Funding

This work was supported by the Bundesministerium für Bildung und Forschung (BMBF) in its program “Gase als neue Kohlenstoffquelle für biotechnologische Fermentationen,” project gas fermentation (031A468A).

Conflict of Interest

The authors declare that the research was conducted in the absence of any commercial or financial relationships that could be construed as a potential conflict of interest.

Acknowledgments

We thank Nigel Minton (University of Nottingham, United Kingdom) for providing plasmid pMTL83151 and Bastian Blombach (Technical University of Munich, Germany) as well as Bernhard Eikmanns (University of Ulm, Germany) for providing plasmid pJUL34.

Supplementary Material

The Supplementary Material for this article can be found online at: https://www.frontiersin.org/articles/10.3389/fbioe.2021.657253/full#supplementary-material

Supplementary Figure 1 | Schematic representation of plasmid pMTL83151_ptaack_aacht_cac. adhE2, bifunctional aldehyde/alcohol dehydrogenase gene (C. acetobutylicum); abfD, 4-hydroxybutyryl-CoA dehydratase gene (Clostridium scatologenes); crt, crotonase gene (C. acetobutylicum); hbd, 3-hydroxybutyryl-CoA dehydrogenase gene (C. acetobutylicum); thlA, acetyl-CoA acetyltransferase gene (C. acetobutylicum); catP, chloramphenicol resistance gene; ColE1, origin of replication for Gram-negative bacteria; repH, origin of replication for Gram-positive bacteria; lacZ alpha, truncated β-galactosidase gene (E. coli); traJ, gene for DNA transfer by conjugation.

Supplementary Figure 2 | Schematic representation of plasmids pKOR1, pKOR2, and pKOR3. kor1, kor2, kor3, potential ketoisovalerate ferredoxin oxidoreductases gene clusters (C. thermocellum); adhE2, bifunctional aldehyde/alcohol dehydrogenase gene (C. acetobutylicum); Ppta–ack, promoter upstream of pta-ack genes (C. ljungdahlii); catP, chloramphenicol resistance gene; ColE1, origin of replication for Gram-negative bacteria; repH, origin of replication for Gram-positive bacteria; traJ, gene for DNA transfer by conjugation.

Supplementary Figure 3 | Schematic representation of plasmid pJUL34. Ptuf, promoter upstream of EF-Tu gene (L. lactis); kivD, ketoisovalerate decarboxylase gene (L. lactis); adhA, alcohol dehydrogenase gene (Corynebacterium glutamicum); lacZ alpha, truncated β-galactosidase gene (E. coli); aph3, kanamycin resistance gene; sacB, levansucrase gene; repBL1, origin of replication for Corynebacterium.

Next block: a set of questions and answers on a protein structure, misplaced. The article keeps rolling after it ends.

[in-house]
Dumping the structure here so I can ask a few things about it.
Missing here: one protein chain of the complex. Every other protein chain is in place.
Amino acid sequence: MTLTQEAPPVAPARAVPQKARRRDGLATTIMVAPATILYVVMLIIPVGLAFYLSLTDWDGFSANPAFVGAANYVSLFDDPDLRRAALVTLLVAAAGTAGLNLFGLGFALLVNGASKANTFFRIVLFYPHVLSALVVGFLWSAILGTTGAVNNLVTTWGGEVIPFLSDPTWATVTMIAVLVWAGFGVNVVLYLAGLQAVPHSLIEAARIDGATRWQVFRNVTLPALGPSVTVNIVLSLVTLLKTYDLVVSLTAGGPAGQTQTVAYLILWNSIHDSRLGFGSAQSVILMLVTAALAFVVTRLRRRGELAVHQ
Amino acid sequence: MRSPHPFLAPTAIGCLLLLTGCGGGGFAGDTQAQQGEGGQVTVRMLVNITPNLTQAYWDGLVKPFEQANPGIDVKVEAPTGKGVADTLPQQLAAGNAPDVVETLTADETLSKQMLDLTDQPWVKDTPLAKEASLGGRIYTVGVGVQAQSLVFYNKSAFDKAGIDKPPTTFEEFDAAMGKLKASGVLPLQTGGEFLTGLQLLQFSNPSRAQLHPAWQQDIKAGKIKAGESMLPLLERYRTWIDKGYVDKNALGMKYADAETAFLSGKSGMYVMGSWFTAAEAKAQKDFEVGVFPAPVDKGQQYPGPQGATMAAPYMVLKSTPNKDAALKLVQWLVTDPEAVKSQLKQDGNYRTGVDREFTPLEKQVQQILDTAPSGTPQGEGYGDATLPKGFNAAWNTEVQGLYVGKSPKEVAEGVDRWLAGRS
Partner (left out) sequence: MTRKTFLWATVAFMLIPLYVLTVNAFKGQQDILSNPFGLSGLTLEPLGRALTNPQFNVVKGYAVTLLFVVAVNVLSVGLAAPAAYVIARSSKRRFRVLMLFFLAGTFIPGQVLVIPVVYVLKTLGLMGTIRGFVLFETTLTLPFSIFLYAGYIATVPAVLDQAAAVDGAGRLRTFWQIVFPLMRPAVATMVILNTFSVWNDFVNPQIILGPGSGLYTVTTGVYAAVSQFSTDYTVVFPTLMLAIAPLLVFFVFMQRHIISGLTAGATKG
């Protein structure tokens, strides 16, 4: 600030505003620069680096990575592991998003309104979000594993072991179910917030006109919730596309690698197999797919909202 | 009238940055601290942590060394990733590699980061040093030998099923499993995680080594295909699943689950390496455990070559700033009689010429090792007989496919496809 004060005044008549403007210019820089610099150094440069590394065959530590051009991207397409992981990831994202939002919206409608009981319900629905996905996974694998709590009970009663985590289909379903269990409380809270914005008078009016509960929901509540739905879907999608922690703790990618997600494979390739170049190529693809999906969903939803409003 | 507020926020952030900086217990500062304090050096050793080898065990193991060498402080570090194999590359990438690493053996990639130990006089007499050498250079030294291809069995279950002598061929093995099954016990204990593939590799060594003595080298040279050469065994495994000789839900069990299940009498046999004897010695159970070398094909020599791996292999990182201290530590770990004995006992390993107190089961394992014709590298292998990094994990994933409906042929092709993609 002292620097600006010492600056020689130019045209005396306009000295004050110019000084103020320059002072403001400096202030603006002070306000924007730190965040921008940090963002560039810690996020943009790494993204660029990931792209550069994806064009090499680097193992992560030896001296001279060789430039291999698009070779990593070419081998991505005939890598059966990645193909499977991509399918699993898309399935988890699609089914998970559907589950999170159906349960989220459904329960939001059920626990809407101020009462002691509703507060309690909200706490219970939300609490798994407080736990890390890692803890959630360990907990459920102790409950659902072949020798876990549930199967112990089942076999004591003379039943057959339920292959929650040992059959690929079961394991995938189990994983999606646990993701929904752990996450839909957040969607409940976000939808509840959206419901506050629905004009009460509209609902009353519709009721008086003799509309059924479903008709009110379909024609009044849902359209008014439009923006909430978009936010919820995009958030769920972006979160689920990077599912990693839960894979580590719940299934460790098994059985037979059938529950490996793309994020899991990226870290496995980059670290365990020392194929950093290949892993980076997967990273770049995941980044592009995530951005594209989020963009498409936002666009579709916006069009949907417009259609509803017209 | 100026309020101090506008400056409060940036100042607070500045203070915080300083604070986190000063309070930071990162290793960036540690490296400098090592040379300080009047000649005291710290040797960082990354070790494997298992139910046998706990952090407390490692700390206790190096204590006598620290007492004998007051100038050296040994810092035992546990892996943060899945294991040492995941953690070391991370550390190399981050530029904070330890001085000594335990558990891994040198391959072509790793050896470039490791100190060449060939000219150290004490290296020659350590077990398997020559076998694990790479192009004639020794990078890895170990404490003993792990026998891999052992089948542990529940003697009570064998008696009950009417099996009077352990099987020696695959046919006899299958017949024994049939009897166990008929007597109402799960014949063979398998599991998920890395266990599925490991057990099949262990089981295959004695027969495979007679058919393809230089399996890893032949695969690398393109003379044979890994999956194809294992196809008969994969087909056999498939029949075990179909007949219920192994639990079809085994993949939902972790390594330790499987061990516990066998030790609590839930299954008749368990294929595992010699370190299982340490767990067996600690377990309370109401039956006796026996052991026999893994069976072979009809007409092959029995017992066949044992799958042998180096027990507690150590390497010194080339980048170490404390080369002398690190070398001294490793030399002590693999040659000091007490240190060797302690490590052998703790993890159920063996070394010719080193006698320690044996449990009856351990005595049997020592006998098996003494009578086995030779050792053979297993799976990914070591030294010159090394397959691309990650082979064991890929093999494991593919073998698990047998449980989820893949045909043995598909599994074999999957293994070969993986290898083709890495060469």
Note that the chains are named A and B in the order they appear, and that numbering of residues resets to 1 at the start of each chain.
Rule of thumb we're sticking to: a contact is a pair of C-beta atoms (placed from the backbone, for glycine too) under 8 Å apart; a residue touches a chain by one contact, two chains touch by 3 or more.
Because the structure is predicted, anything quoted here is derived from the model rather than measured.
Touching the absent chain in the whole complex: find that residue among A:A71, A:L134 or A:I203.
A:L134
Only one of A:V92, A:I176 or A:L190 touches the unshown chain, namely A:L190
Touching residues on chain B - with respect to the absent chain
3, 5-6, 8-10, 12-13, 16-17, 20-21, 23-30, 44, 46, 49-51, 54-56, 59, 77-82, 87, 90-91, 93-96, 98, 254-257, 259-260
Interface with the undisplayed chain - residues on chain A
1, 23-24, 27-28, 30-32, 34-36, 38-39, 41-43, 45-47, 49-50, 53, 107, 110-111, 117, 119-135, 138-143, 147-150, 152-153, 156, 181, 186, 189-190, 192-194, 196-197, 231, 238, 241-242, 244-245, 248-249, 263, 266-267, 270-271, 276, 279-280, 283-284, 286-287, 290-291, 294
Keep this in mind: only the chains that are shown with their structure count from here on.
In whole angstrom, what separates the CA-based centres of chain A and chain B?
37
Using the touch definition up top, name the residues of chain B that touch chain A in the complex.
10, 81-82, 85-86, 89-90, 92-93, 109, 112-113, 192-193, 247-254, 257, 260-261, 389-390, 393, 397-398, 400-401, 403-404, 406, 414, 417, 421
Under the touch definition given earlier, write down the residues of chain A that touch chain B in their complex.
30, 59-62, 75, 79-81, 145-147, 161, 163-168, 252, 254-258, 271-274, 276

Supplementary Figure 4 | Schematic representation of plasmid pKAIA. kivD, ketoisovalerate decarboxylase gene (L. lactis); adhA, alcohol dehydrogenase gene (C. glutamicum); ilvC, ketol-acid reductoisomerase gene (C. ljungdahlii); ilvD, dihydroxy-acid dehydratase gene (C. ljungdahlii); alsS, acetolactate synthase gene (C. ljungdahlii); Ppta–ack, promoter upstream of pta-ack genes (C. ljungdahlii); catP, chloramphenicol resistance gene; ColE1, origin of replication for Gram-negative bacteria; repH, origin of replication for Gram-positive bacteria; traJ, gene for DNA transfer by conjugation.

Supplementary Figure 5 | Sequence of the commercially synthesized and codon-optimized ilvCNADH gene.

Supplementary Figure 6 | Schematic representation of plasmid pKAINADHA. kivD, ketoisovalerate decarboxylase gene (L. lactis); adhA, alcohol dehydrogenase gene (Corynebacterium glutamicum); ilvC, ketol-acid reductoisomerase gene (C. ljungdahlii); ilvCNADH, NADH-dependent ketol-acid reductoisomerase gene (Ec_IlvCP2D1-A1 from E. coli, codon-optimized for clostridia); ilvD, dihydroxy-acid dehydratase gene (C. ljungdahlii); alsS, acetolactate synthase gene (C. ljungdahlii); Ppta–ack, promoter upstream of pta-ack genes (C. ljungdahlii); catP, chloramphenicol resistance gene; ColE1, origin of replication for Gram-negative bacteria; repH, origin of replication for Gram-positive bacteria; traJ, gene for DNA transfer by conjugation.

Supplementary Figure 7 | tBLASTx comparison of gene clusters Clo1313_0020-0023 [kor1], Clo1313_0382-0385 [kor2], and Clo1313_1353-1356 [kor3] from C. thermocellum.